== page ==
Olympia in 2004 accepted a plan from Jerry Mahan for “Sundberg Estates,” and then informed him that the area was in Thurston County. Staff instructed him to file a petition for annexing the land to the City to get sewer and water service. Since the Sundberg property was assessed at a substantial portion of the 60% needed for annexation, the petition was completed. Even with help from City staff, the annexation still faced serious questions. One email indicated that the County would oppose annexation on the grounds that it didn’t meet the requirements for urban growth and that it “would be bad for the environment and thus is inconsistent with GMA [Growth Management Act].”
Despite such questions and over the objections of many longtime residents, annexation was approved. City Manager Steve Hall congratulated staff in an email the following morning. Assured of access to the City water and sewer system, Mahan completed his purchase of the property in 2005.
Continued illegal dumping in violation of state law
Dumping didn’t stop after Mahan acquired the property. Mahan dumped fill from excavations at his other housing developments. Neighbors report seeing 400 or more truckloads of fill arriving at the site; aerial photographs on Google Earth confirm the dumping. DNR reports from 2014 also corroborate the “illegal dumping of wood waste” at the site as well as piles of fill, soil and construction debris.
In 2015, trucks deposited garbage, sediment and numerous floating docks from the Swantown Marina on the site. Fumes from the waste burned the throat of Jerry Dierker, a neighbor whose Butler Creek pond and stream receive stormwater and groundwater runoff from the site. The incident led DNR staff to stop Mahan from dumping waste there.
Green Cove remains unsuitable for development, and yet…
Annexation did not fix the fact that the Green Cove property is unsuitable for development. Undetermined amounts of toxic waste, unstable fill, stormwater flows, infiltration to a critical aquifer all pose dangers to homeowners, the environment, and our water supply. As noted in a recent letter from the Squaxin tribe,” the presence of contaminated soils underlying the development would ensure that the continued contamination of soil, water, wetlands and groundwater would be made permanent.”
In January of this year, Olympia CP&D staff accepted a new application for “Green Cove Park,” Mahan’s latest project incarnation. Concerned citizens organized with local environmental and civic groups to impel the City to look closely at the proposal. After months of review, the staff noted numerous data gaps and stated that the project must comply with the Green Cove Basin standards. They wanted further testing for contamination of soil and groundwater and for impacts on sensitive offsite areas.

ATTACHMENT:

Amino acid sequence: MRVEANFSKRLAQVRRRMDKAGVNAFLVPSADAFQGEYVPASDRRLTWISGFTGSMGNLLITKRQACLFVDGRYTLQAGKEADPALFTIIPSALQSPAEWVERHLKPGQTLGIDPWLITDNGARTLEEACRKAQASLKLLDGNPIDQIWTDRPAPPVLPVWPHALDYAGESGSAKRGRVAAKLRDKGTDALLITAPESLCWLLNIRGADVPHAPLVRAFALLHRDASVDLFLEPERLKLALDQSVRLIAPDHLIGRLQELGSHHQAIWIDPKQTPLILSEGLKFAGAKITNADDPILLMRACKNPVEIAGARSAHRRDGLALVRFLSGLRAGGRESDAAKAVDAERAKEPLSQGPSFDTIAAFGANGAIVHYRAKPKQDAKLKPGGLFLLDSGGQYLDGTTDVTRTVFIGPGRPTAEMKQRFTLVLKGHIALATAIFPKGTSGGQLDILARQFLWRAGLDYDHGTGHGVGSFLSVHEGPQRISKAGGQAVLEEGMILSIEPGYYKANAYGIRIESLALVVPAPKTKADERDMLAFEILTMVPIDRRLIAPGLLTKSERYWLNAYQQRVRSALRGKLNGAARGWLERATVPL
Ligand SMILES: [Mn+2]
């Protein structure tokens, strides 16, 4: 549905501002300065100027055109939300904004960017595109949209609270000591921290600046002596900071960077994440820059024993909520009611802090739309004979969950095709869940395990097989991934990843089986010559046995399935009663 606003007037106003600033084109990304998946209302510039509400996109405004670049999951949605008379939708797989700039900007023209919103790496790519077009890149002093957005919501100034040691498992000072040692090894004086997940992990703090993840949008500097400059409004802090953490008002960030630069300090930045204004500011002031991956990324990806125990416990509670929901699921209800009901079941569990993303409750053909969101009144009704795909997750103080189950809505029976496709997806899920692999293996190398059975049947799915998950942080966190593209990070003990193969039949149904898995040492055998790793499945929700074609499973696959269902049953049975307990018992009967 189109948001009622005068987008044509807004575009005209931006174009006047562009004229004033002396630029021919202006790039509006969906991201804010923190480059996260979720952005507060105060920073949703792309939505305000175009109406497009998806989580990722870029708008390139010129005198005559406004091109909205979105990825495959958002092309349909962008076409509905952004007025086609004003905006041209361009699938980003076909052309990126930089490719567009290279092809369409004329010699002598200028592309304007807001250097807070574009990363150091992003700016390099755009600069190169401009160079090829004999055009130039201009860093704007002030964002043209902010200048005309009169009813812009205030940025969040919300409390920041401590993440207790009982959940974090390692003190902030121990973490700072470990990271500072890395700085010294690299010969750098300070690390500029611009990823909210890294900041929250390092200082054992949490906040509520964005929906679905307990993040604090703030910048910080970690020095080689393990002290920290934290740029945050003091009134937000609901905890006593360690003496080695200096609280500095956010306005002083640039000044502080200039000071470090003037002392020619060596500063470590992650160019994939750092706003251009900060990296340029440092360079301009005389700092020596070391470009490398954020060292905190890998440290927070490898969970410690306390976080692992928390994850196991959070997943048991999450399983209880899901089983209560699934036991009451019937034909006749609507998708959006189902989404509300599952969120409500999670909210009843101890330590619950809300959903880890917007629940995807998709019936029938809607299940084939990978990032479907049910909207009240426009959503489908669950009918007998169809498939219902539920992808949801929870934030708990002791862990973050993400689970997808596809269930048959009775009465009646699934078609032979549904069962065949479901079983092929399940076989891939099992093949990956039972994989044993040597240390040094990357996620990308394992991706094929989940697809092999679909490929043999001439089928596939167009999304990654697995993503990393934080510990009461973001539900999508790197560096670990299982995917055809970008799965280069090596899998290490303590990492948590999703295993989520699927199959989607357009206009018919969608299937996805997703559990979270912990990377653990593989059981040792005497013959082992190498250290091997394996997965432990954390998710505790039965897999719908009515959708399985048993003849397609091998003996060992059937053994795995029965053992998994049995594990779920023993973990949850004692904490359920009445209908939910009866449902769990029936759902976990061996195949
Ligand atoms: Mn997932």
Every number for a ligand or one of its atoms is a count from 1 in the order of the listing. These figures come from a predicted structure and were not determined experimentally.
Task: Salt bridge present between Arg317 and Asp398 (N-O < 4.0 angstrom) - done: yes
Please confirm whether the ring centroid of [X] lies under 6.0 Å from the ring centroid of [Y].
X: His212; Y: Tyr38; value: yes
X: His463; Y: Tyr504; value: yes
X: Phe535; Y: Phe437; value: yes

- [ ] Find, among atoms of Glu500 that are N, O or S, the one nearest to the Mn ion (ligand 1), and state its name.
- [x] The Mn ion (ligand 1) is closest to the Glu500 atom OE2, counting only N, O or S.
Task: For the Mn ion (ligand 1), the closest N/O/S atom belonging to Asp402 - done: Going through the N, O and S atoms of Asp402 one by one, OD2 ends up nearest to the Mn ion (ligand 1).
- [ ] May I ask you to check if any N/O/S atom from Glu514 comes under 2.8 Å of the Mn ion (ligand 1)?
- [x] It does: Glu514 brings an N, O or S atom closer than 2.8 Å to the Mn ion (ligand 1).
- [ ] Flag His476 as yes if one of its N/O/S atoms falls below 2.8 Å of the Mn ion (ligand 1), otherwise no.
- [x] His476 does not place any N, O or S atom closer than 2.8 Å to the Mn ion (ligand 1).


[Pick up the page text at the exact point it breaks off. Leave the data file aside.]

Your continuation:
Now City insiders step in to help
Mahan’s record of continued dumping and insufficient compliance with requests from the City, or even directives from the Department of Natural Resources, doesn’t offer much confidence that this time will be different. Mahan’s paperwork is full of discrepancies and his handling of permits lacking.
But that might not matter. At a meeting this fall, Mahan indicated that he will request deviations from stormwater design and wetland protections otherwise required. The meeting excluded members of the community, but did include an A-list of Olympia power-brokers. On Mahan’s team were Doug Mah representing the Thurston Chamber of Commerce and Mahan’s new attorney, Heather Burgess.
Burgess is the attorney for the Port of Olympia, as well as legal counsel for the Thurston Chamber, and President of the Thurston Economic Development Council. Doug Mah was on the City Council when it voted to annex the Sundberg site. Soon after the Chamber formed its public policy division, the City of Olympia signed a contract to join its Legislative Partnership. Olympia Mayor Cheryl Selby is a client of Mah & Associates, as is the Port.
More to come
Like the site itself, there is more beneath the surface regarding the City’s actions to promote this project. Upcoming installments will clarify those issues, as well as the threat posed to the Green Cove Basin, to our water supply and to habitats —and offer clues to the fate of the rats who currently occupy the dumpsite.